This chapter charts the growing capacity of the European Court to protect the rights of those who are not citizens of member states of the Council of Europe. The Court’s sustained commitment to robustly enforcing the right to life, the prohibition of torture and inhuman treatment, and the right to a court and judicial remedy facilitated the development of three strains of cosmopolitan jurisprudence. The first operationalizes the Kantian principle of hospitality, covering expulsion, extradition, and the treatment of refugees. The second extends protections to persons whose rights have been violated by states who are not parties to the Convention, or by state parties exercising jurisdiction outside of Convention territory. The third instantiates dialogues with other treaty-based regimes when it comes to overlapping obligations to protect rights. These dialogues suggest that constitutional pluralism is an emergent property of the structure of international law beyond Europe.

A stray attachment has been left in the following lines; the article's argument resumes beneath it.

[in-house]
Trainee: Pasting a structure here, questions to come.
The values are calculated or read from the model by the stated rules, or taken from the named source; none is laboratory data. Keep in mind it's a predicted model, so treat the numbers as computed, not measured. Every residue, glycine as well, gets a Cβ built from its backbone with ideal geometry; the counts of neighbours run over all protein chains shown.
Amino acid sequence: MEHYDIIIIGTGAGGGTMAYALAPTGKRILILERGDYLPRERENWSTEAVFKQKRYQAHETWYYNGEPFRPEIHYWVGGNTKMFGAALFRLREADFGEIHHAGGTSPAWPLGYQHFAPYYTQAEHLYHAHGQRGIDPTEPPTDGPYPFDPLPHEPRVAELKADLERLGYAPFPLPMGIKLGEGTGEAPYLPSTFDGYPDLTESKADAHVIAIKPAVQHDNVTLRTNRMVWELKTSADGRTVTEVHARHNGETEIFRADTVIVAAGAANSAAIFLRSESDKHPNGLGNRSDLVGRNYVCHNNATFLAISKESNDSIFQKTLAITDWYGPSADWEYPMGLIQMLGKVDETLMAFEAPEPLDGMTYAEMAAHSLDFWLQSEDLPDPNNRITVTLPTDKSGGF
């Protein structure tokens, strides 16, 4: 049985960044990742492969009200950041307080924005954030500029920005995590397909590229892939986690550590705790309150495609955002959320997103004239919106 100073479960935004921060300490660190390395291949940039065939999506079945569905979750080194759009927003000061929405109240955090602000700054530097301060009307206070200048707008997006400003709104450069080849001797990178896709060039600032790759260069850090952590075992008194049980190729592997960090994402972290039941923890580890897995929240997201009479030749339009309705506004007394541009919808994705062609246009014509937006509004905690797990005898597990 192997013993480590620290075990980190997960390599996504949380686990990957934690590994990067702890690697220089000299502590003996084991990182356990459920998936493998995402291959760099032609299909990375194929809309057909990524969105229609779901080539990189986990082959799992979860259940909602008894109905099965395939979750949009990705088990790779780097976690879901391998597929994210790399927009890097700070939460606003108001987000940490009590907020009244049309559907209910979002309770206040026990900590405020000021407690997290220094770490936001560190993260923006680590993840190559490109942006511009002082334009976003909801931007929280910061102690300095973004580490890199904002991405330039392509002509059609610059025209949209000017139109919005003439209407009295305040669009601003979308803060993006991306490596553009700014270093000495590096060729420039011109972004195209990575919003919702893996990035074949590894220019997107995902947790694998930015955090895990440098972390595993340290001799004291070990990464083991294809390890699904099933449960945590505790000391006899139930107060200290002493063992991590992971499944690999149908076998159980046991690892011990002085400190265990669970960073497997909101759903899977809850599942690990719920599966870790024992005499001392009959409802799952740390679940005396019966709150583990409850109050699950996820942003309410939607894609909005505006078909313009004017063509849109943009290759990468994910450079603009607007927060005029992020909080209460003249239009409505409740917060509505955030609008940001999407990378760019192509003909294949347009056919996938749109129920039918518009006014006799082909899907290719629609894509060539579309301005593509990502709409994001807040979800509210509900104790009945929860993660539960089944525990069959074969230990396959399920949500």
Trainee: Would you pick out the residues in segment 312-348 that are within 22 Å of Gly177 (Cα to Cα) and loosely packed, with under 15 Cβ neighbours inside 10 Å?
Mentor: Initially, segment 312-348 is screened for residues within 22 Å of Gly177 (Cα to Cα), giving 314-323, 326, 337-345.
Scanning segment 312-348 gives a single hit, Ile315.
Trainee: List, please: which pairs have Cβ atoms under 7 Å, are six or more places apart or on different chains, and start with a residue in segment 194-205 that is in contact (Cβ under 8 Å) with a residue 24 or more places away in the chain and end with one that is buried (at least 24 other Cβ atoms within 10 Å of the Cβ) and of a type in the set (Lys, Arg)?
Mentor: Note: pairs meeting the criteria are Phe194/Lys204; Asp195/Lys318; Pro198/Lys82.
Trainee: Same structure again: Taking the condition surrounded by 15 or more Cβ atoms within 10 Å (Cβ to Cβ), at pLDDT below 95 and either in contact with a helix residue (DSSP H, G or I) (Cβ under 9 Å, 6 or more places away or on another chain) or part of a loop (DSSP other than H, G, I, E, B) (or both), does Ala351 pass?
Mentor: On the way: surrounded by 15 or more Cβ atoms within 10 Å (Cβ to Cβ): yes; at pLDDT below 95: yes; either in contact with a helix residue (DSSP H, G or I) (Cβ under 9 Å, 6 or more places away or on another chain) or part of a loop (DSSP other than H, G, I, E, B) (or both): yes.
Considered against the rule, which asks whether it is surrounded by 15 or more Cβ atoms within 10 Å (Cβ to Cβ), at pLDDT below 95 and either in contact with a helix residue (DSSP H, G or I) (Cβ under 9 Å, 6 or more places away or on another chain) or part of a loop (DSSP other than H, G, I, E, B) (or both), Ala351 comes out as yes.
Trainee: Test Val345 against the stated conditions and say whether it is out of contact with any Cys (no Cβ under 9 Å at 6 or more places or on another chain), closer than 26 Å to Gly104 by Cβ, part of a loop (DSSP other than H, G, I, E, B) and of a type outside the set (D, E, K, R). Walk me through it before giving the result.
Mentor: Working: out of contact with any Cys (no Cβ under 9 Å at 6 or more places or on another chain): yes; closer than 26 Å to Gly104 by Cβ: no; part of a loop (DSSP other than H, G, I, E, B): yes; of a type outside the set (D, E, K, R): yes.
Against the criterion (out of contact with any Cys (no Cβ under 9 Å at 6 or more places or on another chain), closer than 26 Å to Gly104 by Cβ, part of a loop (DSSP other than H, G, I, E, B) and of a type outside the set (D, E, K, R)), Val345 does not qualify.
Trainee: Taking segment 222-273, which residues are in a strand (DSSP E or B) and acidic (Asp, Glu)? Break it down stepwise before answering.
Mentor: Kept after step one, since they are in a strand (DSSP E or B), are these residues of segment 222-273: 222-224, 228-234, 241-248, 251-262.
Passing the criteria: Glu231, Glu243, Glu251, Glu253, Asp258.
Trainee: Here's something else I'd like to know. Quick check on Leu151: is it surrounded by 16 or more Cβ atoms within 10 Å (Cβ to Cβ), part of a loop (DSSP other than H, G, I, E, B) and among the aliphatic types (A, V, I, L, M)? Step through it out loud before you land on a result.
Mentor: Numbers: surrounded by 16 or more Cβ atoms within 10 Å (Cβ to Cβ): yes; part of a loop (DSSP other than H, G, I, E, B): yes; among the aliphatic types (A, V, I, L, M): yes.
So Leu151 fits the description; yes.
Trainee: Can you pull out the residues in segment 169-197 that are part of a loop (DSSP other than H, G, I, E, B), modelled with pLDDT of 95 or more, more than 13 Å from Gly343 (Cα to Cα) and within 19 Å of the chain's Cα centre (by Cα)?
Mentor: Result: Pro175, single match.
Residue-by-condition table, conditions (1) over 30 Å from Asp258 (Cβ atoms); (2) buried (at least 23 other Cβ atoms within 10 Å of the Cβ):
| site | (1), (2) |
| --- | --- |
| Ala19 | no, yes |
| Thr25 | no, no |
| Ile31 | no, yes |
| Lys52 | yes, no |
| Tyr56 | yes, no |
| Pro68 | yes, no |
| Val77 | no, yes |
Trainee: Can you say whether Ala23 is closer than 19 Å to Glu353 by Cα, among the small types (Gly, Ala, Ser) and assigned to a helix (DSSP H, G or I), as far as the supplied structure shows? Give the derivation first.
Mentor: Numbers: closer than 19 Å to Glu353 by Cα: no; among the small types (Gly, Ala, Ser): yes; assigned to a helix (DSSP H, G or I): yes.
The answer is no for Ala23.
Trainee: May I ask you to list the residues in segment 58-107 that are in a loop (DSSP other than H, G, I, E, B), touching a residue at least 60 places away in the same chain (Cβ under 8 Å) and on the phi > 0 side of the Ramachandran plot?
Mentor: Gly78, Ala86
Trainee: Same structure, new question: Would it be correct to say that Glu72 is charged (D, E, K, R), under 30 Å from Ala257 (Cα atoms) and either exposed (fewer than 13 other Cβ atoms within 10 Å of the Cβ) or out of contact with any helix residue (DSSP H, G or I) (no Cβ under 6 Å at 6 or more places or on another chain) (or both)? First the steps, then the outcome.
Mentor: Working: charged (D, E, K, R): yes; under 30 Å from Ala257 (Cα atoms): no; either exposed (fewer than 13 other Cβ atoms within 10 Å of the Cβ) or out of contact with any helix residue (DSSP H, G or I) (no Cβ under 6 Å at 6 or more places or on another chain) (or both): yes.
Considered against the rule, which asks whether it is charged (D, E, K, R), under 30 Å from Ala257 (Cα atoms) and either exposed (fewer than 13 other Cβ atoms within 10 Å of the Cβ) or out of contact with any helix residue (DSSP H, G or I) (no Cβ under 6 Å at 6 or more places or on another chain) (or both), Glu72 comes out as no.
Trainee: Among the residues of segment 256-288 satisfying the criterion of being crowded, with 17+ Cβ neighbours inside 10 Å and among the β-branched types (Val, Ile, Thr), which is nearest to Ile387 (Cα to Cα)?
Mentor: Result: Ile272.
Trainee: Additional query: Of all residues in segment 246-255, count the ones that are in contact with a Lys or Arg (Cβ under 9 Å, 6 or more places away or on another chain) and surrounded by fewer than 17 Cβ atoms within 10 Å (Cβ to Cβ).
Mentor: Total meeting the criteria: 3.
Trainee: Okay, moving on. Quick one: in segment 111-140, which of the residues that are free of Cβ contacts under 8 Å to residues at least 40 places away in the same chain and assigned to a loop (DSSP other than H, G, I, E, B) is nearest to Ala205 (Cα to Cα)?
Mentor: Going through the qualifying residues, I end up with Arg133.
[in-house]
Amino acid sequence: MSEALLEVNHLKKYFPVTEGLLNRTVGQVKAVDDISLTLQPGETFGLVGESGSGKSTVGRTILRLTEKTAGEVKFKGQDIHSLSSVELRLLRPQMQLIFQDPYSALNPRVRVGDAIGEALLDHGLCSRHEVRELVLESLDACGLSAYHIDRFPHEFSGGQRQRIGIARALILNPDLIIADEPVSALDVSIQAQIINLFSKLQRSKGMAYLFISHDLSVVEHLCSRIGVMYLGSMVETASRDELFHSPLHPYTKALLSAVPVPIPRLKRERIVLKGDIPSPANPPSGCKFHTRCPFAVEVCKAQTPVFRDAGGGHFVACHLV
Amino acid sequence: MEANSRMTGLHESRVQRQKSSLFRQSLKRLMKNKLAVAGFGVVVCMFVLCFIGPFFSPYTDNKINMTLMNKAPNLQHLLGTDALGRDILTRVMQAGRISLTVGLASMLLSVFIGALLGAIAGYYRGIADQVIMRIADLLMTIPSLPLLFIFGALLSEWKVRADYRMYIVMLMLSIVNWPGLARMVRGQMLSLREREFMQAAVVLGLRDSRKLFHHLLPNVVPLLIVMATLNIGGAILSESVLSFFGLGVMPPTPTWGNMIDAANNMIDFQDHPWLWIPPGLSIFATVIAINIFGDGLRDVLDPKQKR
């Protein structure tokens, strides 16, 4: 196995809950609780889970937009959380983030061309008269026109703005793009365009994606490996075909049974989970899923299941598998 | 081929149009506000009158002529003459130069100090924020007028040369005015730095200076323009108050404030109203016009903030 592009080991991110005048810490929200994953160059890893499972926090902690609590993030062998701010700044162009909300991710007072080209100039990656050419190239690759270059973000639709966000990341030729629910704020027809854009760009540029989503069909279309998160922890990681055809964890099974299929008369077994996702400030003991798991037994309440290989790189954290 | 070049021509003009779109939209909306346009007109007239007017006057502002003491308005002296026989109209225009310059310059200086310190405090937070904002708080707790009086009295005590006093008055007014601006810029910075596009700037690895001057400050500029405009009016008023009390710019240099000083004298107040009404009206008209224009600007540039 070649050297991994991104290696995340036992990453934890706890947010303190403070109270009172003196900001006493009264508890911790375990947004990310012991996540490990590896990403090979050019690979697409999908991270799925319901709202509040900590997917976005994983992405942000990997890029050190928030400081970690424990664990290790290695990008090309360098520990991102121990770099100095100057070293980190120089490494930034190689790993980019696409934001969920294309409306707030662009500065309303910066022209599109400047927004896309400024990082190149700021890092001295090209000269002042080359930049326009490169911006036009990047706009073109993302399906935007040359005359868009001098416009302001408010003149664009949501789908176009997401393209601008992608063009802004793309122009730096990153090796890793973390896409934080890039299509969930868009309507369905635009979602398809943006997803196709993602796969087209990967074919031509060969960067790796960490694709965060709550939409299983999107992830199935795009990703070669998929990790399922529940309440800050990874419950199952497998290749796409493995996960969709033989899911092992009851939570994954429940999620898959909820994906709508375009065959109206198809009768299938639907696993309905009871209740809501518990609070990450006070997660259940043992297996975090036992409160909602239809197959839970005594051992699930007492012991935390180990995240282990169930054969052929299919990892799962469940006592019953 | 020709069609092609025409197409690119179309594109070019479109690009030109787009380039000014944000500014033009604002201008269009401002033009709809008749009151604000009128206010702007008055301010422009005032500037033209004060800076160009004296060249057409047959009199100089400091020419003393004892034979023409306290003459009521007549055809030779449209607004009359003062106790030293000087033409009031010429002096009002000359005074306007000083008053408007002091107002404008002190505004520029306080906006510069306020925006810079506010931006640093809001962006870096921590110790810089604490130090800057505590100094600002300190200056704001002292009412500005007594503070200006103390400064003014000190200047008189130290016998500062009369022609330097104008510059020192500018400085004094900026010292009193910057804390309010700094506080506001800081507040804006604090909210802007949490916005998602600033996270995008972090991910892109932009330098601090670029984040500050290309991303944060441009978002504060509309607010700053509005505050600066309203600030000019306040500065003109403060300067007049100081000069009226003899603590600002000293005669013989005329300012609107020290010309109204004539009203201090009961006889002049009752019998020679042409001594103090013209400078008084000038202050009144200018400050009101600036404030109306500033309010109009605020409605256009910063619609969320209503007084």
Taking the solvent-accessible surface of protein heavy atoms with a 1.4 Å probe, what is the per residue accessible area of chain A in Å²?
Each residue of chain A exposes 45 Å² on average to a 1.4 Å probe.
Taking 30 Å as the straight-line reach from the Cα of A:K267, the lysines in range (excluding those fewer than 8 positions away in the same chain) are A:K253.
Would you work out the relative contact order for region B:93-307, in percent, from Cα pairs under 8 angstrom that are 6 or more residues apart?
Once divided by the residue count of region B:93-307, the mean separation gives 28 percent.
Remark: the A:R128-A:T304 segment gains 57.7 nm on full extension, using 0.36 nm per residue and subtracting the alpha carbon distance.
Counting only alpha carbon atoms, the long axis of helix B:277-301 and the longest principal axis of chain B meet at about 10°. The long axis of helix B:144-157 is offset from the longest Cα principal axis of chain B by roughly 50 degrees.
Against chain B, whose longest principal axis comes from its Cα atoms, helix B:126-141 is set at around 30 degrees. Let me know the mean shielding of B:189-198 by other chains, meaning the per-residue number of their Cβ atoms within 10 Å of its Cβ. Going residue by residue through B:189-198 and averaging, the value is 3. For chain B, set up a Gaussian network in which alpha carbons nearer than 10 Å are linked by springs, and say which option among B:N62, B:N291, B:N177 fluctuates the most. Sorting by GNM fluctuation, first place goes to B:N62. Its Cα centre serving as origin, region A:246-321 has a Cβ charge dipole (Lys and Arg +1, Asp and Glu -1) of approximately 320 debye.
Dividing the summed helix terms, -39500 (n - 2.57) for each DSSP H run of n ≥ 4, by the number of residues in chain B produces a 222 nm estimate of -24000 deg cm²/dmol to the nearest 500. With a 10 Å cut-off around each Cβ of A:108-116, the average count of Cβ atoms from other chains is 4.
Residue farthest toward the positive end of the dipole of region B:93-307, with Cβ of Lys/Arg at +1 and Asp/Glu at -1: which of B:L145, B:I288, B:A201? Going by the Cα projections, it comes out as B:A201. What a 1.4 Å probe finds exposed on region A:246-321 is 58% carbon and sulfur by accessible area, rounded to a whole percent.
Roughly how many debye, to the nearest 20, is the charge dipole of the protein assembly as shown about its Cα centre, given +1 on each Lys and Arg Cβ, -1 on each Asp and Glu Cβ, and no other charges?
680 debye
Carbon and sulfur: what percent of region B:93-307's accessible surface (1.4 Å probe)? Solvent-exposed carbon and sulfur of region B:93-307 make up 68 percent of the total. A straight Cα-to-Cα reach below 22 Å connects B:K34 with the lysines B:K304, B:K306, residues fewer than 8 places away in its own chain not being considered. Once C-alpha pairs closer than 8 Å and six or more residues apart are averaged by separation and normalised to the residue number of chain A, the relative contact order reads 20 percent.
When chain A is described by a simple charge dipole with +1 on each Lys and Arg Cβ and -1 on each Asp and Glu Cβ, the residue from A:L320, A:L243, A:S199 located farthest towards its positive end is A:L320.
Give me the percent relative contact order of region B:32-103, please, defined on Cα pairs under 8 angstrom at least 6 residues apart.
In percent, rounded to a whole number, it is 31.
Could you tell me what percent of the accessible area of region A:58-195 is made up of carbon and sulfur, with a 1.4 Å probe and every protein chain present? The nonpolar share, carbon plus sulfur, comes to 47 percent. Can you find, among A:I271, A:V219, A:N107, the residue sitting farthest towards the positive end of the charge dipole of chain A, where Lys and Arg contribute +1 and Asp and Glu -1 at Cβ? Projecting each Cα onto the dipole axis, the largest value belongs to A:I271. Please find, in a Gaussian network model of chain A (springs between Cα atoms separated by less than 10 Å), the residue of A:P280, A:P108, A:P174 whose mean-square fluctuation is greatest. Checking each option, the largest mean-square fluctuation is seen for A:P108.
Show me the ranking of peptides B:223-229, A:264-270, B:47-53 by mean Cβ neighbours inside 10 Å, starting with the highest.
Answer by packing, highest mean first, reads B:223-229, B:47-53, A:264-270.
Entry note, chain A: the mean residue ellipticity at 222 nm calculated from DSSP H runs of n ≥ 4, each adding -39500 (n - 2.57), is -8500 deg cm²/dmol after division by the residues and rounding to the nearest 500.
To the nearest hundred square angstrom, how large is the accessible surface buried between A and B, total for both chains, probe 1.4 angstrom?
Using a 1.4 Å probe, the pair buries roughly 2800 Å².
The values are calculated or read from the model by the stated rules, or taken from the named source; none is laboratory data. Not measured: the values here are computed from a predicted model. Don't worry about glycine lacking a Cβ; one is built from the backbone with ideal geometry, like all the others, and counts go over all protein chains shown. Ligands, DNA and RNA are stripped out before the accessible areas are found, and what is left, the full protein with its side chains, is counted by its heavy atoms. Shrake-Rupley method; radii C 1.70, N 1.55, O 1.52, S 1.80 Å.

Keywords: European Court, non-refoulement, state jurisdiction, equivalent protection doctrine, mutual recognition, polyarchy of courts, extraordinary rendition, Security Council Resolutions, national courts, Kant, constitutional pluralism
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